They don’t get dressed until noon some days. Actually, the four year old rarely gets dressed at all. We’re talking once, twice a week. He is madly addicted to pajama pants, and really, who can blame him? I figure he has a few more years of extreme fashion laziness before the What Not To Wear crew jump out from behind his train set and turn him into something from GQ. When my daughter, Anna, does get dressed, she looks like something between Punky Brewster and Anne of Green Gables.
Unschooling with Undiagnosed ADD
Sometimes I get bored with their school books (I think I have undiagnosed adult onset Academic ADD). So there are plenty of days when, instead of doing math, we play lots of games and cards and have the kids keep score.
I haven’t gone through and graded anything in longer than I will admit in a national magazine, so for all I know, they’re writing things like “who knows?” in the margins and doodling where they should be converting fractions.
They both finished their science books but since I skip oh, I don’t know, 98% of the experiments and crafts (*shudder*), we don’t really have anything to show for it.
That reminds me: they’re signed up for the Homeschool Science Fair and we have nothing to contribute.
I can see me now, as I explain our Science Fair table colleagues,
“Yes, this is our crystal experiment… learning to grow crystals from everyday kitchen ingredients and some toxic, store bought chemicals… yes… as you can see, nothing happened and they didn’t um, grow. This is the pot though; that we completely ruined in our efforts… that might be some crystal sediment in the bottom if you look closely. Oh, wait, no, that’s salt.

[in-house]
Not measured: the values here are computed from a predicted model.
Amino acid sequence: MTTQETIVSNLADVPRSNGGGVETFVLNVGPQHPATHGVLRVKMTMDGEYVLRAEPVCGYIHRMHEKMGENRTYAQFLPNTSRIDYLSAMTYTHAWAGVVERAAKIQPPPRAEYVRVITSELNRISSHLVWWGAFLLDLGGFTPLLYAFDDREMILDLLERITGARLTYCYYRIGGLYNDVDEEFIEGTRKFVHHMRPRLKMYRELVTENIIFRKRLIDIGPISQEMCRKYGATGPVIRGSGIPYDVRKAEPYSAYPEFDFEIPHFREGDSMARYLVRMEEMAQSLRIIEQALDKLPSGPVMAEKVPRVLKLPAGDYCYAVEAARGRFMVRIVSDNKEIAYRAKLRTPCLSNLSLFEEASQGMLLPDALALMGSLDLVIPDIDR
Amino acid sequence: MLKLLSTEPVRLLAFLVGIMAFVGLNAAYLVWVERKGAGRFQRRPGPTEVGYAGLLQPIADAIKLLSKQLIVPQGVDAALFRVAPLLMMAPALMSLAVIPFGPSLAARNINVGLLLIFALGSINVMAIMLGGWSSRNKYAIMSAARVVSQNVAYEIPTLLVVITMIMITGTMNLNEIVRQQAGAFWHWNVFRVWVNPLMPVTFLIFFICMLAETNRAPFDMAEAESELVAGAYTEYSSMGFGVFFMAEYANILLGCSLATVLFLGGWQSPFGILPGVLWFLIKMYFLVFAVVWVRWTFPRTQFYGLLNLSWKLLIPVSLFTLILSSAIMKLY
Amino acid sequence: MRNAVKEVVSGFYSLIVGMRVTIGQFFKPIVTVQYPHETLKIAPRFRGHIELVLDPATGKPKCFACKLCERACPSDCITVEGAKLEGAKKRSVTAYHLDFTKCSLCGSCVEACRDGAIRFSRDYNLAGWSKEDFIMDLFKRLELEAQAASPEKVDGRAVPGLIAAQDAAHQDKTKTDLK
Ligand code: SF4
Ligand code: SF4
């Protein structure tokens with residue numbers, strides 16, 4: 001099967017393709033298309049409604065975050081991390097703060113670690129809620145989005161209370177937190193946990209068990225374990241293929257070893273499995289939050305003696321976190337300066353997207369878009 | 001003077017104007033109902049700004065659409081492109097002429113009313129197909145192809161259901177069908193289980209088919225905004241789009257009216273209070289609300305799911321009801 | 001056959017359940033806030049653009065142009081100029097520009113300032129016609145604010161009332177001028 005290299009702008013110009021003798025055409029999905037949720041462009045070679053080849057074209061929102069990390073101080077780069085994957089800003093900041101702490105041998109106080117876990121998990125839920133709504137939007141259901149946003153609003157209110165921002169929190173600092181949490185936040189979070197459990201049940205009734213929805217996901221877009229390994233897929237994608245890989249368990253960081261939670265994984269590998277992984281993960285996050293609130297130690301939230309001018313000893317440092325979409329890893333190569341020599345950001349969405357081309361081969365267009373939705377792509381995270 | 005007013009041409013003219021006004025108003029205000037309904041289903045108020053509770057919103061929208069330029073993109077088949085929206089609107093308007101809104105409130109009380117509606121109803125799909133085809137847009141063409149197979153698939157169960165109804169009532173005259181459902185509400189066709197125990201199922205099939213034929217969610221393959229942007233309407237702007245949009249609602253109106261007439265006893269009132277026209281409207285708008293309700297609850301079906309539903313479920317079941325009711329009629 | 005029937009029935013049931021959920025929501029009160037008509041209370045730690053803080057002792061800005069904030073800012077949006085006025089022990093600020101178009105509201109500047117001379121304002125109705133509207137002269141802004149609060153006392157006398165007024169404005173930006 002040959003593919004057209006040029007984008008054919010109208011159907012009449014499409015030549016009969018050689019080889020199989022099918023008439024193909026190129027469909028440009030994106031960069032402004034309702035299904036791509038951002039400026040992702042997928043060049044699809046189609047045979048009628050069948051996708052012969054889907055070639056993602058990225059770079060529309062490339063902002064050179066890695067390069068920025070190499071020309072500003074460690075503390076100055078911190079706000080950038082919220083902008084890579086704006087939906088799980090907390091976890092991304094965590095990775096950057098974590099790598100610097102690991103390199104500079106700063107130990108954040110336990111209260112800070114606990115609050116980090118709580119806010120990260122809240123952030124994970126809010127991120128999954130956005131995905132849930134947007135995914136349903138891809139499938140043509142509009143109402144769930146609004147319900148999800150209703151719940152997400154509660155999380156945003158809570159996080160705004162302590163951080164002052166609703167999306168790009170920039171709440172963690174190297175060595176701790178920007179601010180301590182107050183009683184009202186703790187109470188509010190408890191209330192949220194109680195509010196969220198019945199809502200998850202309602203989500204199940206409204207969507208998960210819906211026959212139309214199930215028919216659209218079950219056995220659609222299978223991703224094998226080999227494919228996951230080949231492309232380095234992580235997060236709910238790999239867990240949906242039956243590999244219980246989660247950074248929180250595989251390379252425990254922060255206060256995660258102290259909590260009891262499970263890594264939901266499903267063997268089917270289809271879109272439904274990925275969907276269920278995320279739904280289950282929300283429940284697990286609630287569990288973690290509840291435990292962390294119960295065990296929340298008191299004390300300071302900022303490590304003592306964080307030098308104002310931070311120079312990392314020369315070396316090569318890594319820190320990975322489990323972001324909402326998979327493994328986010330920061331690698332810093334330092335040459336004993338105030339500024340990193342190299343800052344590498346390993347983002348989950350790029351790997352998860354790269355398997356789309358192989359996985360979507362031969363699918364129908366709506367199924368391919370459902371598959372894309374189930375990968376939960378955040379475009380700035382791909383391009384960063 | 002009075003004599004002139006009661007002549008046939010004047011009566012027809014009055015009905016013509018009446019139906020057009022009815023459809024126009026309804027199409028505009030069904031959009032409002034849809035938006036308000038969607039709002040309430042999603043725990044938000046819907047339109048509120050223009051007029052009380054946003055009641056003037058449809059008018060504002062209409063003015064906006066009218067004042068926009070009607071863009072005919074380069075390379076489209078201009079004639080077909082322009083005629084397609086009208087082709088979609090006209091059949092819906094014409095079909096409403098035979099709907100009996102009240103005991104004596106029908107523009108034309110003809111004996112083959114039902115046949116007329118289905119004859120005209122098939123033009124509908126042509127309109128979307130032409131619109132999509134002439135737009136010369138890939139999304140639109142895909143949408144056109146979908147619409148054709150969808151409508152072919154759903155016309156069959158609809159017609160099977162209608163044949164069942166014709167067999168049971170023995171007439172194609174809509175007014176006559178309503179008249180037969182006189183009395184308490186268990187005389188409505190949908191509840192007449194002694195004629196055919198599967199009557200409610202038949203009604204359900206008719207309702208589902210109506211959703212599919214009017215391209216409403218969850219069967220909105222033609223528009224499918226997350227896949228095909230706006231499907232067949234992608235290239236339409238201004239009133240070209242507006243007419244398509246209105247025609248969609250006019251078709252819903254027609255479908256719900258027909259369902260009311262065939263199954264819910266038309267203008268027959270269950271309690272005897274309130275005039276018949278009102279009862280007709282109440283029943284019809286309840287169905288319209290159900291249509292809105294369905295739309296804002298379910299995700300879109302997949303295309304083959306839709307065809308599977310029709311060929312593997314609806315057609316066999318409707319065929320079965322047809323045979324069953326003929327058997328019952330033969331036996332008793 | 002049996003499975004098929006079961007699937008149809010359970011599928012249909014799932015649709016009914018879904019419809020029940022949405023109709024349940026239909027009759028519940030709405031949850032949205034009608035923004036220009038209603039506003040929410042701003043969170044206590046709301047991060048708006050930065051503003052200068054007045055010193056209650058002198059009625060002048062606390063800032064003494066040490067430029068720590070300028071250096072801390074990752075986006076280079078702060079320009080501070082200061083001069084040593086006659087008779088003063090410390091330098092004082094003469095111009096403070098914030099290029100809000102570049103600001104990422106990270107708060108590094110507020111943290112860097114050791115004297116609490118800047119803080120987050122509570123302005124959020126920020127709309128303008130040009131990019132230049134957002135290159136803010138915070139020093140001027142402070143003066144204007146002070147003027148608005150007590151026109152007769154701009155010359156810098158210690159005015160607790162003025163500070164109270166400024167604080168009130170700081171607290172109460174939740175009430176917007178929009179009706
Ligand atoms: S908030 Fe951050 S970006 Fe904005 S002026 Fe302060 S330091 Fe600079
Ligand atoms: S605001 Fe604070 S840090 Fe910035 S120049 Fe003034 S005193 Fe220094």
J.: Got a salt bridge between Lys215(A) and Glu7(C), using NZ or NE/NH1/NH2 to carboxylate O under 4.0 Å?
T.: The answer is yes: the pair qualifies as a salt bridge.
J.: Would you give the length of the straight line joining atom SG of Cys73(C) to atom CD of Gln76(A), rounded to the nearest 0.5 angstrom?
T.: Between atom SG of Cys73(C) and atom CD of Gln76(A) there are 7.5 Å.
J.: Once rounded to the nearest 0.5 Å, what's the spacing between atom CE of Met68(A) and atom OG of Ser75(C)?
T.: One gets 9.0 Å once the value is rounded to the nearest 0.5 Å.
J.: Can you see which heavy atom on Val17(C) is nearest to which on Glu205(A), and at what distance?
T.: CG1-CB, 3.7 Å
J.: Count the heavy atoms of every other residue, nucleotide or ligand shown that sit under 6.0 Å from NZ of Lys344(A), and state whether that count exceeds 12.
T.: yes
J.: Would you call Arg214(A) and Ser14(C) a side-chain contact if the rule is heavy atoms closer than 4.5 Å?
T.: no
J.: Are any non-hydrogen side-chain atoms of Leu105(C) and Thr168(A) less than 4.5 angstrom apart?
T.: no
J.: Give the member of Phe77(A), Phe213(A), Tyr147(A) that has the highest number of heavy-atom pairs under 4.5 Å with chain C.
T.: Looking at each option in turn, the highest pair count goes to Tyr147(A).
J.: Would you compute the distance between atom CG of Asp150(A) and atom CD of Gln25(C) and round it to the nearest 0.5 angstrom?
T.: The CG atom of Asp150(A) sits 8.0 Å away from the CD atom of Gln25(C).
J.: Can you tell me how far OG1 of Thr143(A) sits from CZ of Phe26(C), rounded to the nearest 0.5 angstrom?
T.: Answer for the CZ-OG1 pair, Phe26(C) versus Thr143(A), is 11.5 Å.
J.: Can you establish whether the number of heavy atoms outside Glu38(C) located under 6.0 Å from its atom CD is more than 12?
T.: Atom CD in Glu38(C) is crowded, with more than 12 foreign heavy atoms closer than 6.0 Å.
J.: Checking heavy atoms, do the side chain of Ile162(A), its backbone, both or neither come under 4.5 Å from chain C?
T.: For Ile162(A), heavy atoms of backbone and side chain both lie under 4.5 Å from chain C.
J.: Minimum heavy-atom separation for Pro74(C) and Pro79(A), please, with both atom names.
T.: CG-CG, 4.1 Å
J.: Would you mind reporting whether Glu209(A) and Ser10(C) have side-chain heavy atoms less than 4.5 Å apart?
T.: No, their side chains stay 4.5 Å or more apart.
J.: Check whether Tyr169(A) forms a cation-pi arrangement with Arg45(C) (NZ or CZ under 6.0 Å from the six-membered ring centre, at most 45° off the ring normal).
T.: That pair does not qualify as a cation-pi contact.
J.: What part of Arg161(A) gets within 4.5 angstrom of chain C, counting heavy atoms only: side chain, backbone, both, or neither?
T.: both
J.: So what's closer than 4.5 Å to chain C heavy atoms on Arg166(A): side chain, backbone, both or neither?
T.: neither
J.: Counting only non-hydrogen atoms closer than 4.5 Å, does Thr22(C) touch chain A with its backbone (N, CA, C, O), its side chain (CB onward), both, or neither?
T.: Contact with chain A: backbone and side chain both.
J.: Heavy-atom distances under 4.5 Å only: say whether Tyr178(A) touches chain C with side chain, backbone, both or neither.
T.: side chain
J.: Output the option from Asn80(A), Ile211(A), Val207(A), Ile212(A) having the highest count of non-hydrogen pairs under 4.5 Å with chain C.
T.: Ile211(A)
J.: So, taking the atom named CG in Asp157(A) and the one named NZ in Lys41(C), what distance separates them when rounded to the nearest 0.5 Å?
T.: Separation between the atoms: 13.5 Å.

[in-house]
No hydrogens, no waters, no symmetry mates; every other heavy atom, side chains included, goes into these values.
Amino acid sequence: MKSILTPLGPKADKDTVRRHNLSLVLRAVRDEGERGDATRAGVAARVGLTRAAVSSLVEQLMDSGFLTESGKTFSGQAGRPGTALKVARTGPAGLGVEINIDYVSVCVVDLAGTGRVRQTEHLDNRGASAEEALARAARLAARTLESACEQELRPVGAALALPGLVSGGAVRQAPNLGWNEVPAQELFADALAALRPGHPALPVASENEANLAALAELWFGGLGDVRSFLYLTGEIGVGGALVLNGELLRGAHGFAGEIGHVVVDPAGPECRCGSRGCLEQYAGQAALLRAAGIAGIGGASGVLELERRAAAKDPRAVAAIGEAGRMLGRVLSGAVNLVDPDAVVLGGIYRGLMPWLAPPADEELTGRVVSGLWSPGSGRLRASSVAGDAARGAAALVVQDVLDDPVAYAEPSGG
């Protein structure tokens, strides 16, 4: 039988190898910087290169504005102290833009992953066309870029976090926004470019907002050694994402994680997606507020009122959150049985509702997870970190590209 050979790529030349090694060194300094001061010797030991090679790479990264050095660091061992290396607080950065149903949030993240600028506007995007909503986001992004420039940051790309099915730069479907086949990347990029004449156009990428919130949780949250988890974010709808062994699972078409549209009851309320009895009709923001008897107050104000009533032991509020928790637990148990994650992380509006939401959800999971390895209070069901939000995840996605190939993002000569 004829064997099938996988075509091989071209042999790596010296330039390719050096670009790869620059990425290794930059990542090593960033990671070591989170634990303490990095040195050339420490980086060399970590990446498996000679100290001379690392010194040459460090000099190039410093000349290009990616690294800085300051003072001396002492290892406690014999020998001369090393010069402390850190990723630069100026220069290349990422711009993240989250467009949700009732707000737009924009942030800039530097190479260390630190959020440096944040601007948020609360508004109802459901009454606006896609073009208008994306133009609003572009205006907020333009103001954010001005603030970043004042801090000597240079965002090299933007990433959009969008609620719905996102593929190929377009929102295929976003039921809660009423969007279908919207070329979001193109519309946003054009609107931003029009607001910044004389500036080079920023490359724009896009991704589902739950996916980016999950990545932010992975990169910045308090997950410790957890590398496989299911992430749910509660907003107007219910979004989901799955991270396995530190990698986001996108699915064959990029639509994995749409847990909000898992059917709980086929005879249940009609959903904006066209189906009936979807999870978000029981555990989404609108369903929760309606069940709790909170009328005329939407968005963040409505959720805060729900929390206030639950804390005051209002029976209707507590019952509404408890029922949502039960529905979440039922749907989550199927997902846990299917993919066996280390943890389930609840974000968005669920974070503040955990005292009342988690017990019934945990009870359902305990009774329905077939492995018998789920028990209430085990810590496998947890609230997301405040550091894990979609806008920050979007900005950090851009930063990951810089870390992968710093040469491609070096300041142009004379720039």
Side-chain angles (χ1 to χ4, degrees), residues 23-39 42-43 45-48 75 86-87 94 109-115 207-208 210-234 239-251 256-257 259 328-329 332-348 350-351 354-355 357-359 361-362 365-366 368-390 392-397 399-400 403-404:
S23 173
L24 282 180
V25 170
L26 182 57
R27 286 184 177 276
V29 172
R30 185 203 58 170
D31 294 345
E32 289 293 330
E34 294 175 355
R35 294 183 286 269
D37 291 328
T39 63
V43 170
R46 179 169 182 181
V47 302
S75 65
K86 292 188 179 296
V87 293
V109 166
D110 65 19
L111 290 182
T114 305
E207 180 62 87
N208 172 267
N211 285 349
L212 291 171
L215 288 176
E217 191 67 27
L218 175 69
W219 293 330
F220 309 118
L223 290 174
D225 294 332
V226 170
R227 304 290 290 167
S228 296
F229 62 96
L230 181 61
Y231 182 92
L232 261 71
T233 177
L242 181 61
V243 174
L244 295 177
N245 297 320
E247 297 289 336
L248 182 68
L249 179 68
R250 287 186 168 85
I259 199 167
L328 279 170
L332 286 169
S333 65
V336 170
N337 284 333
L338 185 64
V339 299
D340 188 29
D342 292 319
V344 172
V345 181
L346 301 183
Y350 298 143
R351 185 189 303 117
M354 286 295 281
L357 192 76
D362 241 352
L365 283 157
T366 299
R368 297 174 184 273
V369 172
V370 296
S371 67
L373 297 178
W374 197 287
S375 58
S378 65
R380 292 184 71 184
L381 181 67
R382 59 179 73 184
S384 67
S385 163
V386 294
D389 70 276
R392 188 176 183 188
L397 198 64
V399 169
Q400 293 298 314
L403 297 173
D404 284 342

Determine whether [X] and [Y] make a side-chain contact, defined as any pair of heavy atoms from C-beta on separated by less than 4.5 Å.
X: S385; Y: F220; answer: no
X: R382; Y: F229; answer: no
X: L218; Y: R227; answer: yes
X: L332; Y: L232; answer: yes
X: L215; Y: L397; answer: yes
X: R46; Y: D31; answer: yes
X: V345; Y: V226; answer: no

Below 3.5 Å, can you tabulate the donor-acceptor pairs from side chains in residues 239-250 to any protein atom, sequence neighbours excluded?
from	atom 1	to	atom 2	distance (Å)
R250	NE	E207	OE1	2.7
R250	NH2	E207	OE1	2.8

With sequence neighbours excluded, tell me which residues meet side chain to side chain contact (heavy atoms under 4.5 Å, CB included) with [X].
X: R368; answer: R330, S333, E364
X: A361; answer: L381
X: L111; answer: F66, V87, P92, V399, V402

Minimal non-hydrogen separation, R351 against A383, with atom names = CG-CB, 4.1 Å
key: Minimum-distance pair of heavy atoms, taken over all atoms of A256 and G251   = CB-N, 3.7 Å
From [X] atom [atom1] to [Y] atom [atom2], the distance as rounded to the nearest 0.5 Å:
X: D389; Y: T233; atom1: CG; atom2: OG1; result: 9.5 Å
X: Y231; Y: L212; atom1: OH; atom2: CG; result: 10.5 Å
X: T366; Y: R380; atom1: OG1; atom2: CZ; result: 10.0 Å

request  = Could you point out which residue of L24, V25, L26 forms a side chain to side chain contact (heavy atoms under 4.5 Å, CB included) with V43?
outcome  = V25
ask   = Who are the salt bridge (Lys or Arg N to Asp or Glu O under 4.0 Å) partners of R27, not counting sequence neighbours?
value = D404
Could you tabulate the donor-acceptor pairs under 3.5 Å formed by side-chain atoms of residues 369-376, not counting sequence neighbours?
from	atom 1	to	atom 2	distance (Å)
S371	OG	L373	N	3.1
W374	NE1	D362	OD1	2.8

“And over here we have the volcano that didn’t explode… ahem. Yes. Well, it’s old enough now that there’s a bit of interesting mold on the side here… did you know mold has a fascinating history? No?
“This is the Emergency Kit we put together from our week of learning about natural disasters and such. Yes… there are some Band-Aids here… oh, and a flashlight, but we were out of batteries, so, well, yes. Umm. Didn’t really have any cotton gauze, so um, there are a couple cotton balls. There should be a flare, you know for emergencies, but um, yeah, we haven’t looked into getting one of those yet. There was a granola bar, but… we had this long shopping trip and we got hungry, so um, yeah. Oh, this is cool! Look at this! It’s an EpiPen for an allergic reaction! Yes, see, I’ll just take it out and show you… oh, hmm. It expired two years ago… well, I guess I should dispose of this.”